When the Madoka Magica series aired during the winter 2011 anime season, it had a whole lot of fans to it as it progressed, providing a darker look at magical girls through some pretty interesting creators. The series was not part of the simulcast season at the time so I had missed out on it completely, but the show took on a whole new level when as it neared its conclusion, we had the earthquake, tsunami and nuclear reactor issues in Japan. The series become something of a cultural phenomenon in a lot of ways at the time as fans rallied behind it with the obvious delays and the shows focus on hope amid adversity helped to raise its stature even more. It was like lightning in a bottle that turned a very engaging fan show into something far larger. Enough so that the property ended up being green lit to have three feature films made. The first two would present the majority of the original series in a cleaner form while the third film, not in this set, would provide a new continuing story to take it in new directions.
Prior to these films, I had watched the series with its Blu-ray releases so I’m certainly familiar with the property, though I’ll admit that I was outside the cultural phenomenon side of it so I wasn’t as tightly wedded to it and its meanings as others. I found it to be a strong and engaging series, beautifully animated, and full of the kinds of things that I like from TV shows that we don’t get. Real changes, sacrifice, a look at the larger good and the deeds that must be done to achieve them. With the feature films, we largely follow the main track of the story but with a different kind of breathing room about them compared to the series that had to deal with the weekly structure. We get the introduction of the world where Madoka, a third year middle school student, discovers that there are magical girls in the world that hunt witches in order to stop them from becoming worse with the curses that they contain. Destroying them causes Grief Seeds to be produced and from that the magical girls can power themselves.
The girls gain one wish from an alien creature known as Kyubey when they sign the contract. His race is interesting in that they’re ancient and see themselves as protectors of the universe as they need emotion in order to help balance out the entropy of it all. But their race has no individual emotion and they’re unable to do it themselves. While Madoka doesn’t learn of it herself for a while – she doesn’t even become a magical girl until the second half of the second film – humanity would still be living in caves and fearing the night sky if not for what Kyubey’s race did in essentially uplifting them with gifts and power in order to tease out the emotions needed to push back against this dark negative energy out there. It’s fleshed out well in the second film and it makes for a compelling kind of galactic level story that’s mired in the hands of thirteen year old girls. Normally, this kind of material is corny and awful. But the team here, working from what they did in the TV series and lightly refining it, makes it a fascinating concept to work with and mostly manages to massage away the issues that one might think of.
What makes the films here complex is that while Madoka is interested in all of this and we see her friend Miki become a magical girl in order to help a boy she likes, is that a lot of the time is spent in a circular way in dealing with Homura Akemi. She’s a loner wolf type magical girl, but she harbors the biggest secret of all when it comes to what’s going on here. While Madoka and Miki befriend Mami, the magical girl who saves them early on and opens their eyes to this world along with Kyubey, it’s Homura that has the most to gain and the most to lose when it comes to whether Madoka becomes a magical girl. Her reasons are her own until the second film, but there’s such an intensity about her, an anger and sadness, that even if we didn’t know what it was, you’d feel as though it was justified by what was put down to screen for her. She gives the film its real emotional weight. Miki has her moments, but as we see with her wish, it’s mired in adolescent fantasies. Mami and another magical girl named Kyoko have their own things, but aren’t fully realized in the same way.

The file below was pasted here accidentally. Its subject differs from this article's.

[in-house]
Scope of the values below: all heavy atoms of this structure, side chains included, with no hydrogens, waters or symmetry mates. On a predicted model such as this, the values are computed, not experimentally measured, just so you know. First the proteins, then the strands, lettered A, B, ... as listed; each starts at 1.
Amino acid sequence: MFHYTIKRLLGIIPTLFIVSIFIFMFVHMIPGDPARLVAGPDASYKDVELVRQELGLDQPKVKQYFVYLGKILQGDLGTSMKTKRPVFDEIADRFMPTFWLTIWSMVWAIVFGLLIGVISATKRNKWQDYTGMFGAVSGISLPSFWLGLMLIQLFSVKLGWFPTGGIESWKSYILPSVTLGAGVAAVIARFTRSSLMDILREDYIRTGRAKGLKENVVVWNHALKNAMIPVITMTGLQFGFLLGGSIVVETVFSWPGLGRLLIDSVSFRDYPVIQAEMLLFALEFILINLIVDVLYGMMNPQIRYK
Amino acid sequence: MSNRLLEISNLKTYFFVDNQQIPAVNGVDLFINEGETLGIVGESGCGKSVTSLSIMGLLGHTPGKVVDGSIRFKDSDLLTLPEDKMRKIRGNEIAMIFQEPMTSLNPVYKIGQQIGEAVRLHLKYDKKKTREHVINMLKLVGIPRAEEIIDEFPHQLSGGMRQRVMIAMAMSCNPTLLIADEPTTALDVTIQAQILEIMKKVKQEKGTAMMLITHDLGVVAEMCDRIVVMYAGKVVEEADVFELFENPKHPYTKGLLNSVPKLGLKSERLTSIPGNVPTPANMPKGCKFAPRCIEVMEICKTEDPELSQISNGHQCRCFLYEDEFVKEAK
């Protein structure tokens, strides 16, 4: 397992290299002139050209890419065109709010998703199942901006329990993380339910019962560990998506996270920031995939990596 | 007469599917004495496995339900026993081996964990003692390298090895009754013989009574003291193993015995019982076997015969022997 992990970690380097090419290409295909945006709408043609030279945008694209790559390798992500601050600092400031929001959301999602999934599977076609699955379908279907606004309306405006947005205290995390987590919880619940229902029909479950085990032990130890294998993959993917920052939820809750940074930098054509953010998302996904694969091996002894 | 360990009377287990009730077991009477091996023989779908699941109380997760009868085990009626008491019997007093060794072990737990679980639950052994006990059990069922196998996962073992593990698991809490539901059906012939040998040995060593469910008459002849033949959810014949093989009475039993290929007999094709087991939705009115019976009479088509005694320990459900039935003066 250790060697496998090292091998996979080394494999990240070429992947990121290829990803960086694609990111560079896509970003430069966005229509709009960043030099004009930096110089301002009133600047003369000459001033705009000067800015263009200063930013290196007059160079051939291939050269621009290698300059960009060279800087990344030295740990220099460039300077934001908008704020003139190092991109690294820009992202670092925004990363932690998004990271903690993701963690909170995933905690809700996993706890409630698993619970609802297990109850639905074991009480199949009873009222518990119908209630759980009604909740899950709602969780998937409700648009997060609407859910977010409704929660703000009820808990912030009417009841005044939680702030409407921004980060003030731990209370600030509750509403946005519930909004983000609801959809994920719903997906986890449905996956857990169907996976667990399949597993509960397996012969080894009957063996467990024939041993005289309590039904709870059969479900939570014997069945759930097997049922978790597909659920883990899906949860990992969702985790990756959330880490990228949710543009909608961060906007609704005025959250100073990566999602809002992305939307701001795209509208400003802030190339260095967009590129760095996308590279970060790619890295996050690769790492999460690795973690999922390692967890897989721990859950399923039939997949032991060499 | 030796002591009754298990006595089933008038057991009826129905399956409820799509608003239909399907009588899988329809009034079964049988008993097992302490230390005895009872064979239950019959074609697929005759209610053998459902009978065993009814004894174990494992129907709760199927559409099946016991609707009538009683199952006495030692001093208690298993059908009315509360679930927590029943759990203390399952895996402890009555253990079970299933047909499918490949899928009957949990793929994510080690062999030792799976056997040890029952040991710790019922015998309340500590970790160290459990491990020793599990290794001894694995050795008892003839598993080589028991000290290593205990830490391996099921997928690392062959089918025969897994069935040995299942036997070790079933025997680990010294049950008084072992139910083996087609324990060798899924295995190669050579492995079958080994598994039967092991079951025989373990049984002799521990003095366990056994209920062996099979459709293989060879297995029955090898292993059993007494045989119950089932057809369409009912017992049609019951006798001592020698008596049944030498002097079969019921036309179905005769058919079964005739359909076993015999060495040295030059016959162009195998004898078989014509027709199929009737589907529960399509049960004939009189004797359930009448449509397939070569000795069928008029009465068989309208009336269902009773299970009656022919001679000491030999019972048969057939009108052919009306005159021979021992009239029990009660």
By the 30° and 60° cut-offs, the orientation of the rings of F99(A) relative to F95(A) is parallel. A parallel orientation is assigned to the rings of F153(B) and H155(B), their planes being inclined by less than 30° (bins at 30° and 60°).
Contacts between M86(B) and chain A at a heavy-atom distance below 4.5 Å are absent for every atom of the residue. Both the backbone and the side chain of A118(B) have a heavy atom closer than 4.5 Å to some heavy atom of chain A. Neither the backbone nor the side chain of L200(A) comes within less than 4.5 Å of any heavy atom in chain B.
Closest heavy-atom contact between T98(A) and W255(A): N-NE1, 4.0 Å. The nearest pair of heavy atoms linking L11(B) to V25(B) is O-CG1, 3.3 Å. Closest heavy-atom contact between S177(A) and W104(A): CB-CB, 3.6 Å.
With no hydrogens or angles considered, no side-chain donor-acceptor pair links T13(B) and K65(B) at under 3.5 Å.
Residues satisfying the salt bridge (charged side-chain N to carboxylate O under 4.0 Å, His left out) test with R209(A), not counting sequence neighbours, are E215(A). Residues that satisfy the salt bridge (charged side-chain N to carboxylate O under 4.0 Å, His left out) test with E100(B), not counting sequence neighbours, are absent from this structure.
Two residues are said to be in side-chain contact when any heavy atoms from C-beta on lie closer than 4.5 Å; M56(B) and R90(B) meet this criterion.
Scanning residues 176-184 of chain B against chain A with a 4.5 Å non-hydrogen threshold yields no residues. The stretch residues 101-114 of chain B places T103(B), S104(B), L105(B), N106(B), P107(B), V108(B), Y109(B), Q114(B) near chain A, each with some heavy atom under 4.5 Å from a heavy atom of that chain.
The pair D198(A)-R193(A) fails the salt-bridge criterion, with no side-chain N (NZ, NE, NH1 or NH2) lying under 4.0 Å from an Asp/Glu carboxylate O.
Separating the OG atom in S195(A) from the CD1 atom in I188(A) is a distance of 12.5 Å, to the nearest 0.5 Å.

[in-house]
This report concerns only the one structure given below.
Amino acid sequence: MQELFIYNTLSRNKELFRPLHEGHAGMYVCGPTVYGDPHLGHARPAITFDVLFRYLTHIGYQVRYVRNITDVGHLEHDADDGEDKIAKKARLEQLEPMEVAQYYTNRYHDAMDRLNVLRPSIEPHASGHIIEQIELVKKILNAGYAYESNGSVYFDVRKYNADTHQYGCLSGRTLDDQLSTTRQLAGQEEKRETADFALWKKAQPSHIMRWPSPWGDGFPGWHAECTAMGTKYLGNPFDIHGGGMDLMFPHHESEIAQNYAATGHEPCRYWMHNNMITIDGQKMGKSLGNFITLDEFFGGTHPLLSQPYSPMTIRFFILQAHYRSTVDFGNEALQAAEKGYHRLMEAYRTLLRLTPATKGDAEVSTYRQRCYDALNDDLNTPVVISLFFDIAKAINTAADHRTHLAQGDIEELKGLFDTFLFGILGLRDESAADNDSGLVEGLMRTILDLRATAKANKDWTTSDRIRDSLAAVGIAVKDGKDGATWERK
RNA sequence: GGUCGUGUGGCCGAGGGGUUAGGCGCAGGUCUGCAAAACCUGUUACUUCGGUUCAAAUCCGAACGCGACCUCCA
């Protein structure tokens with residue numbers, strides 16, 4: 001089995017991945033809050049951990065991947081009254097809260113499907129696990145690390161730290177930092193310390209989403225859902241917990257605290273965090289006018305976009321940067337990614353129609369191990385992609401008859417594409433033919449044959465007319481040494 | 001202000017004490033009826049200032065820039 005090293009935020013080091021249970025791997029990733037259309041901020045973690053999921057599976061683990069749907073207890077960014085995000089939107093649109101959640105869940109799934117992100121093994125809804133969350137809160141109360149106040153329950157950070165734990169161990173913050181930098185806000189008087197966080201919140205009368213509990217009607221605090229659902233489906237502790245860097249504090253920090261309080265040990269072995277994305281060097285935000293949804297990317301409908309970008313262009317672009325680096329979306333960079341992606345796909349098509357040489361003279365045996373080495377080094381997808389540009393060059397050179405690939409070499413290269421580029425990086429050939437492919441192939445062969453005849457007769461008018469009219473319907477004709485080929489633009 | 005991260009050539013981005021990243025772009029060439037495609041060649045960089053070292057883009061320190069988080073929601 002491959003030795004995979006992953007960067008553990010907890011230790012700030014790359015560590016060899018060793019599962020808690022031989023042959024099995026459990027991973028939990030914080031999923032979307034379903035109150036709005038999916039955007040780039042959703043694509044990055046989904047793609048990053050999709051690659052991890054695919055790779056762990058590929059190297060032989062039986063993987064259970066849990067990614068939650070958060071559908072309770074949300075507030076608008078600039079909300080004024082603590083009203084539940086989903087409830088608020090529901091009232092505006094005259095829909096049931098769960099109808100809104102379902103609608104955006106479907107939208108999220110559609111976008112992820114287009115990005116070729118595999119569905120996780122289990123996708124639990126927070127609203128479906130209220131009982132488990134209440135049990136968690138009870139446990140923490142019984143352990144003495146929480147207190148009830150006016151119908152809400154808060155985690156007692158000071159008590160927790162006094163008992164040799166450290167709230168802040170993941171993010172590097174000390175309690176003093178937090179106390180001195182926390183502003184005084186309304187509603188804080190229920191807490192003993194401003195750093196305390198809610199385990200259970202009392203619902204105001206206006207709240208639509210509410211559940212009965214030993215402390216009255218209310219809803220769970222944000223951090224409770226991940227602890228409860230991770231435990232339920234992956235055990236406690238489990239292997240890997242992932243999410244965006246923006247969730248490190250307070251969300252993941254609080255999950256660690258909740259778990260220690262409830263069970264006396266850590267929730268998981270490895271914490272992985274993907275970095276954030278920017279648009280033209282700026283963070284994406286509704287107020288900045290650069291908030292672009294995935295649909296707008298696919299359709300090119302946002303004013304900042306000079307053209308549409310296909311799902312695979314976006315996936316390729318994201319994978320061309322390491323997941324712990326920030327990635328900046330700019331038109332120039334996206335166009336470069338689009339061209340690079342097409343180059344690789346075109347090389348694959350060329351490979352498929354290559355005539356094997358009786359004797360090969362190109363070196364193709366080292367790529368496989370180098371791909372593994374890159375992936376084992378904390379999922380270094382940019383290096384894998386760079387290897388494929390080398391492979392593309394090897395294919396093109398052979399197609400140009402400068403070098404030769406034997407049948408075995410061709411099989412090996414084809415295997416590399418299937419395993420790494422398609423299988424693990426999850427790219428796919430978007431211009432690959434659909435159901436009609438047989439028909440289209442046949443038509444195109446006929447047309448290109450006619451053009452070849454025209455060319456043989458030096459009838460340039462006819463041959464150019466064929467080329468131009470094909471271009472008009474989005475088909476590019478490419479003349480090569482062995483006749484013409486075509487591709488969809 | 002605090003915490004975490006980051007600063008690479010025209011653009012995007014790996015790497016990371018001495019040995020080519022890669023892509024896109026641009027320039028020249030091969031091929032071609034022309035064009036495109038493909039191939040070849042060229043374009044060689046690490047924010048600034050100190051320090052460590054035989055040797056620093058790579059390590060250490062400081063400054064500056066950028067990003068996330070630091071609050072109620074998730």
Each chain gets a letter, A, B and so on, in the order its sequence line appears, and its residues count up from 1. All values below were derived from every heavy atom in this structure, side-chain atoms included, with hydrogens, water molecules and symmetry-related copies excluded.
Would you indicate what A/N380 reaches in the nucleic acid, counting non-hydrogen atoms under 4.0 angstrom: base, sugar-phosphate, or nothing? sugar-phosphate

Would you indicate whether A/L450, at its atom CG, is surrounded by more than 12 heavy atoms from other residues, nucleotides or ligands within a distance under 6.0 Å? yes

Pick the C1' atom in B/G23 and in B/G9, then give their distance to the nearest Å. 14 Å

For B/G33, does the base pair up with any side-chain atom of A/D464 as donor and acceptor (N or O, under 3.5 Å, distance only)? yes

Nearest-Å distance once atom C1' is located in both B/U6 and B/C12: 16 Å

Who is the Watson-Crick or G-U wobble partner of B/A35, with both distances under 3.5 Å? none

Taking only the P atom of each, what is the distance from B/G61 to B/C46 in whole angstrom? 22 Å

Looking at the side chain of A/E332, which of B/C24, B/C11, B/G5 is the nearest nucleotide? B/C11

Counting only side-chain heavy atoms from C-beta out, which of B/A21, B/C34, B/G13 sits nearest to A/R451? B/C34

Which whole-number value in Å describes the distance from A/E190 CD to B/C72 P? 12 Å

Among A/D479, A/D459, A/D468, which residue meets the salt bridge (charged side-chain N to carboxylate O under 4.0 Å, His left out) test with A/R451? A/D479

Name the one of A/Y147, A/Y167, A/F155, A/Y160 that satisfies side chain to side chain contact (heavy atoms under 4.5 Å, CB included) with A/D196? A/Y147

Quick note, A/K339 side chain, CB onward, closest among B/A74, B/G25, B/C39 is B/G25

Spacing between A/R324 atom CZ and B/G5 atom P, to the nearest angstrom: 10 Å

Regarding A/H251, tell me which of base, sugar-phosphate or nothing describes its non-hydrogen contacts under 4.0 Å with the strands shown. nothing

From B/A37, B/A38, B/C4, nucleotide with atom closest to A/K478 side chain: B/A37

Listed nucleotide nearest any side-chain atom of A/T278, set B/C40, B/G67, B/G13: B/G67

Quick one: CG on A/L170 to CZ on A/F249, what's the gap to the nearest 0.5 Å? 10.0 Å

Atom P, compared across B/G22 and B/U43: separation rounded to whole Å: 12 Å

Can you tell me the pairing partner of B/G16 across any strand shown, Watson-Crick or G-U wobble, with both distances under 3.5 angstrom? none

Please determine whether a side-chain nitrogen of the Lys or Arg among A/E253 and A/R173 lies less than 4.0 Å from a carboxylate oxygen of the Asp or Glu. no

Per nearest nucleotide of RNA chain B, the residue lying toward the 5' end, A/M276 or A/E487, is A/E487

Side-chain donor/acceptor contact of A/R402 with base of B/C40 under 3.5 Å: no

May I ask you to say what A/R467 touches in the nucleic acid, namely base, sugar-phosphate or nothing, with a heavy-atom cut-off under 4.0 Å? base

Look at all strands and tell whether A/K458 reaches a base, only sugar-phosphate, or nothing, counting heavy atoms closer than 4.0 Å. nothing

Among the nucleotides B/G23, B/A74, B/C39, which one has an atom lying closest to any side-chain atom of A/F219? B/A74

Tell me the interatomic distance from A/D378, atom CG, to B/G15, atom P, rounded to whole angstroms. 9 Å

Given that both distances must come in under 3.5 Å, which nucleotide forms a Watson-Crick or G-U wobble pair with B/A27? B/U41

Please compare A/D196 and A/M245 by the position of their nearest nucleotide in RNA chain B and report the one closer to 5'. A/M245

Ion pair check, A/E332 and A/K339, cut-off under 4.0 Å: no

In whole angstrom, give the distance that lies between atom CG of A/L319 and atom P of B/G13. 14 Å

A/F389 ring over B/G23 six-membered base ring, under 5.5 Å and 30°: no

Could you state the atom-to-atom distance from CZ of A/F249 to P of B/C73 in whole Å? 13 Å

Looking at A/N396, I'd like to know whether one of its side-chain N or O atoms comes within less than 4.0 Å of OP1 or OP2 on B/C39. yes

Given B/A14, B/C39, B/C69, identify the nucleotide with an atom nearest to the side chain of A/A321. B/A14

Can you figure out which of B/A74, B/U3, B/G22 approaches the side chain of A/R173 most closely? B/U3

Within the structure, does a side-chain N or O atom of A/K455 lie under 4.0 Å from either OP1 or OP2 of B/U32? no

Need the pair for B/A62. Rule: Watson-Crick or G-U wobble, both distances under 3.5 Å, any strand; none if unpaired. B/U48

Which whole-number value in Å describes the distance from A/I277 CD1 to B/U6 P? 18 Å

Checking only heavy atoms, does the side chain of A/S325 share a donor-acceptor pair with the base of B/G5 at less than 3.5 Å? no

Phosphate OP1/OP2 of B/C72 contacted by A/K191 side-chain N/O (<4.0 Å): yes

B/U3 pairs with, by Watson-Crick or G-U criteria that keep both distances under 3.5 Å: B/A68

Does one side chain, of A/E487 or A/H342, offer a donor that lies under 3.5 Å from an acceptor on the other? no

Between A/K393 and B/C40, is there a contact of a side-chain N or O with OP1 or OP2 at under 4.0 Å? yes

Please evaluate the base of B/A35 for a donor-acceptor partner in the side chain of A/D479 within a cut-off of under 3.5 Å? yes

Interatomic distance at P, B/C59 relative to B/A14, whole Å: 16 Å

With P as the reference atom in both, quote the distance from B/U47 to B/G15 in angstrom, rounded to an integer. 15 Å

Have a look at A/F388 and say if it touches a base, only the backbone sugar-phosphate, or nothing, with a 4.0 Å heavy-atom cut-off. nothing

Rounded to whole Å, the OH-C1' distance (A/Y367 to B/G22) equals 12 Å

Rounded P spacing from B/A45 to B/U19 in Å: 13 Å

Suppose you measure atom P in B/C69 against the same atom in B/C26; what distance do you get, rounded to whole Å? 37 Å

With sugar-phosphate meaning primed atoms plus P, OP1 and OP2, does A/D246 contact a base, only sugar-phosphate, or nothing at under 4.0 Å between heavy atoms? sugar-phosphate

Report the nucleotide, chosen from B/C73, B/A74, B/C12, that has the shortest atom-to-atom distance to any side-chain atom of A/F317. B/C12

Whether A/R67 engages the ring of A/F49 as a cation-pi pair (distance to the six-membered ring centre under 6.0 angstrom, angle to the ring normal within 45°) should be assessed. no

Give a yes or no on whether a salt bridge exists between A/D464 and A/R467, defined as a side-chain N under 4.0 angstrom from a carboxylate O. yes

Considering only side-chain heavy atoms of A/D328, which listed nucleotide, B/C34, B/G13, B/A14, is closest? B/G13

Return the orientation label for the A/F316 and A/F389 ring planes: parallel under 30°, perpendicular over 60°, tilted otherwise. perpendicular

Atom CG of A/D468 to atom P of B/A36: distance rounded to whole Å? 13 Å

This is a tale of Homura and Madoka. And it is truly magical as their paths weave back and forth until the full truths are revealed.
It’s been awhile since I had seen the TV series so coming back into the property through the movies doesn’t feel like I’m seeing it again too soon. What we get here is a solid re-presentation of what the TV series did with some smoothed out structural issues going from weekly to two hour films, a beautiful looking presentation and a larger scale made all the clearer by having it together as tightly as this. The films do present what, to me, feels like a very complete and final story. The Rebellion film will added to it and that’s a complete unknown to me, but what we get here is fantastic, thoughtful and amazingly animated work that represents some of the best of what anime can do, especially when plumbing the depths of a familiar genre and showing that it can still be given real weight and meaning. It’s an inspiring work and one that I wish had caused more productions to up their game in what they do because it should have been a game changer in that every season should have more shows of this nature. But until it does, Madoka Magica stands out as a fantastic work that falls easily in the must see and must-share category. Very recommended.
Japanese DTS-HD MA 5.1 Language, English DTS-HD MA 5.1 Language, Japanese PCM Language, English Subtitles, Spanish Subtitles, Textless Opening and Ending, Theatrical Trailers, TV Commercial Collections
Content Grade: A+
Audio Grade: A-
Video Grade: A+
Packaging Grade: B+
Menu Grade: B
Extras Grade: B-
Released By: Aniplex USA
Release Date: July 15th, 2014
Running Time: 241 Minutes
Video Encoding: 1080p AVC
Aspect Ratio: 1.78:1 Widescreen
Sony KDL70R550A 70″ LED 1080P HDTV, Sony PlayStation3 Blu-ray player via HDMI set to 1080p, Onkyo TX-SR605 Receiver and Panasonic SB-TP20S Multi-Channel Speaker System With 100-Watt Subwoofer.